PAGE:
A new year & 10 things every birth mother wants adoptive parents to know

blog_hello_2014_v3.JPGTime really does fly. We can hardly believe that 2013 has come and gone. As we enter 2014, here are some of our hopes and resolutions for the year ahead plus one of our favorite articles to date. In 2014, we hope to...

- Get to know more birth parents: You are the inspiration behind this movement, and we love your input, opinions and stories. We hosted a few birth mother dinners last year and plan to host more in 2014. (January dinner date to be announced soon!) If you’re a birth parent, we’d love to hear from you. 
- Share more stories: We never tire of reading, watching, listening to the stories. They’re personal and unique, and we believe that through these stories our society will begin to talk about adoption and birth moms a little differently. Send us your story if you’ve been touched by adoption.
- Provide more resources on BraveLove.org: We aim for BraveLove.org to become a clearinghouse of adoption information. Therefore, we’re committed to providing accurate and reliable information. We’ve listed credible adoption agencies and we hope to expand this list and along with other helpful resources this year. If you are an adoption agency and want to be listed as a resource, contact us today.

Enough about us… We had to share this article that’s been circulating the world wide web. So far, it’s one of our favorites of the year. Patricia Dischler is an author, speaker, child care professional and birth mother, and here's an excerpt from “10 Things Every Birth Mother Wants Adoptive Parents to Know":

"I often told my son’s adoptive mother how much I loved her and was thankful she was a part of my life. But, like many things I’ve told her over the years, Kathy would already know. Back in 1985 I chose open adoption for my son. Being a birthmother has changed my life forever, and I know that becoming an adoptive parent changed Kathy’s too. We’ve traveled the road of adoption together, with respect and honesty. We’ve shared our hopes, our fears and our dreams for the boy we both love.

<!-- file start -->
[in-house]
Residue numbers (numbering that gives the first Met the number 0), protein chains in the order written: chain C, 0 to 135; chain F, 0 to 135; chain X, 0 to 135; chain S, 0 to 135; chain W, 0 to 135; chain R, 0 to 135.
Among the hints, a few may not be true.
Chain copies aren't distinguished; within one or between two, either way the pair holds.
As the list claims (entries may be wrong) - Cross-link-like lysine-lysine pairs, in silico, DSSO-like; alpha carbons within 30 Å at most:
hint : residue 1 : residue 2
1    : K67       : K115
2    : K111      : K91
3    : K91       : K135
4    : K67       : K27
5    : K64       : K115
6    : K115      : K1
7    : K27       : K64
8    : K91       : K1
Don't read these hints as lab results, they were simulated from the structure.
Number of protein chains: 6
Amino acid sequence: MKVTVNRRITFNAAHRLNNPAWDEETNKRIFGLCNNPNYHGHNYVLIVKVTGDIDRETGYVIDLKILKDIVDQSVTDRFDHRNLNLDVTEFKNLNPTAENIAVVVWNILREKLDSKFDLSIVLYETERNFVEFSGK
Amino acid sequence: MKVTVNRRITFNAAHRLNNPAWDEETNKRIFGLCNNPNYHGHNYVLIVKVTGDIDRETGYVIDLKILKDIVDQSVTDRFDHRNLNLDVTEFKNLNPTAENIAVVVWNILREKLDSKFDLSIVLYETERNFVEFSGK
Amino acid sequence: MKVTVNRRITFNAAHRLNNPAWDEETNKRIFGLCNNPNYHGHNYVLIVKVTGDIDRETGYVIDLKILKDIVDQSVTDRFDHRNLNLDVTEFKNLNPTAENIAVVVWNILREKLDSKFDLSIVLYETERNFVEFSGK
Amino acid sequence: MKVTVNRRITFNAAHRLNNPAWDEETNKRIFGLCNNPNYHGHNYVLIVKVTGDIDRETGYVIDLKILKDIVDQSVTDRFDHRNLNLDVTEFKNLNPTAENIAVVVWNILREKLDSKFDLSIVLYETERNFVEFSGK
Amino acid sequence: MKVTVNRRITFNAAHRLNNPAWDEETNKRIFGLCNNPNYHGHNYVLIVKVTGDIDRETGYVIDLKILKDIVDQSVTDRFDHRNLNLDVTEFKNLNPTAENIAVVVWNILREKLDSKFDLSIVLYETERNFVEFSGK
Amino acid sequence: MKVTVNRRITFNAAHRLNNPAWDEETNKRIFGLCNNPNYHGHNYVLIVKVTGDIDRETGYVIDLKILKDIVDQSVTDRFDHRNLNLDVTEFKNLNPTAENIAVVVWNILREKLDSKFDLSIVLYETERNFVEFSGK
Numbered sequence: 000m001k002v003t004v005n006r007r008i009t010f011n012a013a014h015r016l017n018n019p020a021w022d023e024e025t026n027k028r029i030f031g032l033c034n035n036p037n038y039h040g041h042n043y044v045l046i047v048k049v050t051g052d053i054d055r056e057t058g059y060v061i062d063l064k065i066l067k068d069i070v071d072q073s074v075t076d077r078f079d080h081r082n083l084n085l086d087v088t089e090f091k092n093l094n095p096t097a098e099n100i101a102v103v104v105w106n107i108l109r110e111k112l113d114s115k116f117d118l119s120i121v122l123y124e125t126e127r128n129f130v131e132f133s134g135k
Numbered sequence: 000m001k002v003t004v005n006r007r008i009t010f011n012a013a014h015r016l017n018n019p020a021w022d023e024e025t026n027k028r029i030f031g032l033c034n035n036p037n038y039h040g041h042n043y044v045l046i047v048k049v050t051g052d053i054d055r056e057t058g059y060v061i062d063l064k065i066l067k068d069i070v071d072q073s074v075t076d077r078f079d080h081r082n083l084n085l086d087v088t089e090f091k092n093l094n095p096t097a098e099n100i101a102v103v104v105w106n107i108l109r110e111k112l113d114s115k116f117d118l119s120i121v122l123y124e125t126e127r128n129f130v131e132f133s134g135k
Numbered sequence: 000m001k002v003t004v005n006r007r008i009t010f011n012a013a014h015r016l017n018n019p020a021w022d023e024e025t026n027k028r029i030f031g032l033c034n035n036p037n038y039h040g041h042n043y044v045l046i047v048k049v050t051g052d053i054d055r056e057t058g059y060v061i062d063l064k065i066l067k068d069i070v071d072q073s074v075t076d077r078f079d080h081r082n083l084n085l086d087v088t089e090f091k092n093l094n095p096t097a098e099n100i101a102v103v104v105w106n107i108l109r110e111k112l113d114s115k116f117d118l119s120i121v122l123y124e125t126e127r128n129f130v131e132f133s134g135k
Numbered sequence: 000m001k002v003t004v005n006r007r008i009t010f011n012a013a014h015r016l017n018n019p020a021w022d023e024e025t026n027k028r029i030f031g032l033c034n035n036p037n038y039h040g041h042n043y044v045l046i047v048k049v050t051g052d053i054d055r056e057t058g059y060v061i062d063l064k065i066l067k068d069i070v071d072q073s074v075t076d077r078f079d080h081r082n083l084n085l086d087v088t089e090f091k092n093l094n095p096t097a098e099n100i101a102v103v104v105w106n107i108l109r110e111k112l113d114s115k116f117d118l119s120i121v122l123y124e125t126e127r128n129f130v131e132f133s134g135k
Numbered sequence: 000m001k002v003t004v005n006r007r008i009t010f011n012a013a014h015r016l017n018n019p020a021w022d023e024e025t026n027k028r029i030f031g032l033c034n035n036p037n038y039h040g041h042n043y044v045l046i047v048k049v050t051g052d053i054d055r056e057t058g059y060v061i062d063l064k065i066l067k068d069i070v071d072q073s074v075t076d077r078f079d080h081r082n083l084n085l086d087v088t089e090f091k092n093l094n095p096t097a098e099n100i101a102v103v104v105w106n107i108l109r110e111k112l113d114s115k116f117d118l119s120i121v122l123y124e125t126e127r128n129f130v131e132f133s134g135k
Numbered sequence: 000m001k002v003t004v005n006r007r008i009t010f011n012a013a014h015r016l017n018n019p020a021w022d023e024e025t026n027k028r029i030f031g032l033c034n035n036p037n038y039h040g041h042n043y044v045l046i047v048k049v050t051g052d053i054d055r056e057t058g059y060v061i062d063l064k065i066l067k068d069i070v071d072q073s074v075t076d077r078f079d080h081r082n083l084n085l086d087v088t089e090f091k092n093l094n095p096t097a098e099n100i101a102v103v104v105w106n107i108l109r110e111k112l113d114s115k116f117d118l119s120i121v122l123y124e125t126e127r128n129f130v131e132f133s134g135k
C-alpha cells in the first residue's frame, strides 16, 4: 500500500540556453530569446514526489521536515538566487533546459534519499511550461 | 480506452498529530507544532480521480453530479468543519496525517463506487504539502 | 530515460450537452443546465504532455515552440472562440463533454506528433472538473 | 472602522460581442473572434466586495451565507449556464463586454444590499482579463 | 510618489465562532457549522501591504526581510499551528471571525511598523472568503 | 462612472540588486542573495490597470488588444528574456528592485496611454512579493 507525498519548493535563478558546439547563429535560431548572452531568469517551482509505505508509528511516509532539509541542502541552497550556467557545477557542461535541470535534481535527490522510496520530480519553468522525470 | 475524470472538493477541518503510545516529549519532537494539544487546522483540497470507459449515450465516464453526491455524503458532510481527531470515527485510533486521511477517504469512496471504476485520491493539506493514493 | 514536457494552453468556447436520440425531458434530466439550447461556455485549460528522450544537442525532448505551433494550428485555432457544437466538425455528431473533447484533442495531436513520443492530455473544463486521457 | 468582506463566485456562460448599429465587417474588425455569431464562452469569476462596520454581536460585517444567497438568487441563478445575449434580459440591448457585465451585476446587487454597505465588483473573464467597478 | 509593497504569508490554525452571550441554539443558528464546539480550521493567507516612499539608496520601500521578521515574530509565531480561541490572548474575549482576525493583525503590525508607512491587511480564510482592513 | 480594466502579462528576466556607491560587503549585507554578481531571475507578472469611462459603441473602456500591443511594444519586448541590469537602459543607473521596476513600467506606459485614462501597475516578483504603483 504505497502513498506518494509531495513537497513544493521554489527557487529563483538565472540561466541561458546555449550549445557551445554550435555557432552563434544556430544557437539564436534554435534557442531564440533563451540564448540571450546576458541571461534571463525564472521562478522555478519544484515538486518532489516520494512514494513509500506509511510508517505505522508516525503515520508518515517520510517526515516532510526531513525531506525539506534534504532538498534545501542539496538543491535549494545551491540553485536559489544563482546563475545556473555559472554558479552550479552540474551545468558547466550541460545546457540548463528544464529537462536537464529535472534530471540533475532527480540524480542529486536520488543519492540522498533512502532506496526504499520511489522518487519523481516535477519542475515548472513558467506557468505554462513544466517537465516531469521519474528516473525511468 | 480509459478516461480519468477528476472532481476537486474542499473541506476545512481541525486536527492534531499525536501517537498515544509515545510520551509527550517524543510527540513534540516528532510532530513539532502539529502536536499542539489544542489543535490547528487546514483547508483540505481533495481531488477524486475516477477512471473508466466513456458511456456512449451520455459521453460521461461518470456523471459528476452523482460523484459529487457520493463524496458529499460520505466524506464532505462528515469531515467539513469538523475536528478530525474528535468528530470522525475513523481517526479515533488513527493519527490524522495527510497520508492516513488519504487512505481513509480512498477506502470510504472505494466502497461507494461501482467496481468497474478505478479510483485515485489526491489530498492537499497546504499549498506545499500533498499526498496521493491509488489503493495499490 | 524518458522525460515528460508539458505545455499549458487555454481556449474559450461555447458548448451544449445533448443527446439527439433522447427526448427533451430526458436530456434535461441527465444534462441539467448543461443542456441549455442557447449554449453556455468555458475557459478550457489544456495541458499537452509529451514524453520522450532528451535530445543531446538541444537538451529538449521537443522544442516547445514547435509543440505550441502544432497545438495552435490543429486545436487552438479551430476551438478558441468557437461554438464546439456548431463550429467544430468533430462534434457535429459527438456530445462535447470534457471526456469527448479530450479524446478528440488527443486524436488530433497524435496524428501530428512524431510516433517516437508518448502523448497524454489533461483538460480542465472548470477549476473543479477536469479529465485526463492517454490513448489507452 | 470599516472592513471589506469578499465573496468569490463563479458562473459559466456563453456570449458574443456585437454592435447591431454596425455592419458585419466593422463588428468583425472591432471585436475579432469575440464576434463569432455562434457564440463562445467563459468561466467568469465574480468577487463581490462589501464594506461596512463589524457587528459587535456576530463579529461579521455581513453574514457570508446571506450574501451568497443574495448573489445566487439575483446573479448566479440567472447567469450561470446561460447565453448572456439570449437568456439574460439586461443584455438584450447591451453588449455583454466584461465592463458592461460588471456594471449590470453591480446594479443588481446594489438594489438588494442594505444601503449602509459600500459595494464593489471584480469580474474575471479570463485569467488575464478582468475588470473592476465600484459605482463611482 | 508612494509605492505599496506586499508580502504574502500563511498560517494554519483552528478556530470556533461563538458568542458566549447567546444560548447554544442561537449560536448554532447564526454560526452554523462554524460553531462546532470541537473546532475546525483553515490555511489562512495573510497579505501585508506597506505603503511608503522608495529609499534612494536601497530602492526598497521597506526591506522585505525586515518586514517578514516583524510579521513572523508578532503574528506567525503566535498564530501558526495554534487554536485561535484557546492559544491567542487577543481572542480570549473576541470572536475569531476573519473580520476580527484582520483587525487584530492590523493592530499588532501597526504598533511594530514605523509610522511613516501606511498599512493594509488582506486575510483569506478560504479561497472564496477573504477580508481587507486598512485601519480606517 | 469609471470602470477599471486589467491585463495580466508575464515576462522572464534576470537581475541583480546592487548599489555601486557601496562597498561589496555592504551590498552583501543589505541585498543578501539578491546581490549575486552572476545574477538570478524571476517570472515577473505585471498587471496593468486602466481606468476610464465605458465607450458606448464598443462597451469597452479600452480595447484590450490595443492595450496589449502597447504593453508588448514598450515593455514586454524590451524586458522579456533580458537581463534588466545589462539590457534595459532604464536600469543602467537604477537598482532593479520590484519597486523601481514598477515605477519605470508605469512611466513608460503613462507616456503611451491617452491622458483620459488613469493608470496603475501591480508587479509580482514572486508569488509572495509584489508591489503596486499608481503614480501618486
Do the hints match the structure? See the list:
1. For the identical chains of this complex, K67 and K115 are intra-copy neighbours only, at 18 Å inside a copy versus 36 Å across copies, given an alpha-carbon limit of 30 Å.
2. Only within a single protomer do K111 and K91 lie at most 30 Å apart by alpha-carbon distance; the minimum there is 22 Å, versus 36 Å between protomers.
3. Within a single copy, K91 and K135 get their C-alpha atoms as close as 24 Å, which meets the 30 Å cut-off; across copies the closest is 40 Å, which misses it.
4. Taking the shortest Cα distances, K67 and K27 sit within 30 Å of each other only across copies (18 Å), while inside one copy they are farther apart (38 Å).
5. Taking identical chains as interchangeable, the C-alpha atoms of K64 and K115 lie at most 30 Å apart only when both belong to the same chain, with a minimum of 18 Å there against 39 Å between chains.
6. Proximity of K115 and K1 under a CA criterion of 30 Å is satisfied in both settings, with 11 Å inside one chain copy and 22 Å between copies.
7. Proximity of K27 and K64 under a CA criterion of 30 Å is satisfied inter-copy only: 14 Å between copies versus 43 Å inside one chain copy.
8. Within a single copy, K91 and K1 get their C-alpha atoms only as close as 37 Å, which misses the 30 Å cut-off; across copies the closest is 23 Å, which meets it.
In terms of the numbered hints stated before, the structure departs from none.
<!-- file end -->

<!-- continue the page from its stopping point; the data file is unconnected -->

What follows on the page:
However, often adoptive parents do not get the chance to build this type of relationship with their child’s birthmother. While most domestic adoptions are open, most children adopted from other countries are not. This disconnect from a child’s beginnings can make it difficult for adoptive parents to provide answers their child will need as they grow and explore the issue of being adopted.

While a birthmother’s experience after placement may be different in open versus closed adoptions, the process leading to the choice of adoption is much more likely to follow the same thread – love. Regardless of our place on this planet, birthmother’s share the journey of facing a decision in a pregnancy and letting our love for our child lead the way. The individual circumstances may be very different from culture to culture, but ultimately we come to a place where we feel that what is best for our child is to have a life different than what we can provide and we choose adoption.

There are 10 things every birthmother thinks about, wishes for, and hopes for when placing their child for adoption. If you are in an open adoption, you may have heard some already, if not, they are important to know. They are:

  • I did not place my child because she was “unwanted.” I wanted her so much that I continued a pregnancy filled with unanswered questions.

  • I chose adoption because I loved my child. This parental love allowed me to put his needs before my own when making my choice.

  • This choice affected more than just me. She has a Grandmother, a Grandfather, and Aunts and Uncles who love her as well, and she will be missed.

  • I wish for the day I can look into my child’s eyes and tell him I love him one more time.

  • I hope that you will teach my child about her beginnings – about where she was born and who I am.

  • I hope you will teach respect to my child by showing respect for me in your discussions.

  • I wish I could be there to answer my child’s questions about adoption, but I trust you to answer them truthfully as best you can.

  • I will never stop thinking about my child. She will always be a part of who I am.

  • I would never try to disrupt my child’s new family with you. I put too much emotion and suffering into making this choice to allow anything to disrupt it – including me.

  • In my eyes, you will always be my child’s Mom and Dad. And that thought brings me happiness.

My son’s mother wrote to me in her first letter: 'Children are never really ours, they are just entrusted to us for a time by God.' As birthmothers, we take our short time with our child very seriously, and it affects us the rest of our lives. We place that final kiss on our baby’s forehead and pass them forward to your waiting arms because we know you will be taking it very seriously too."

Source: Adoption Learning Partners

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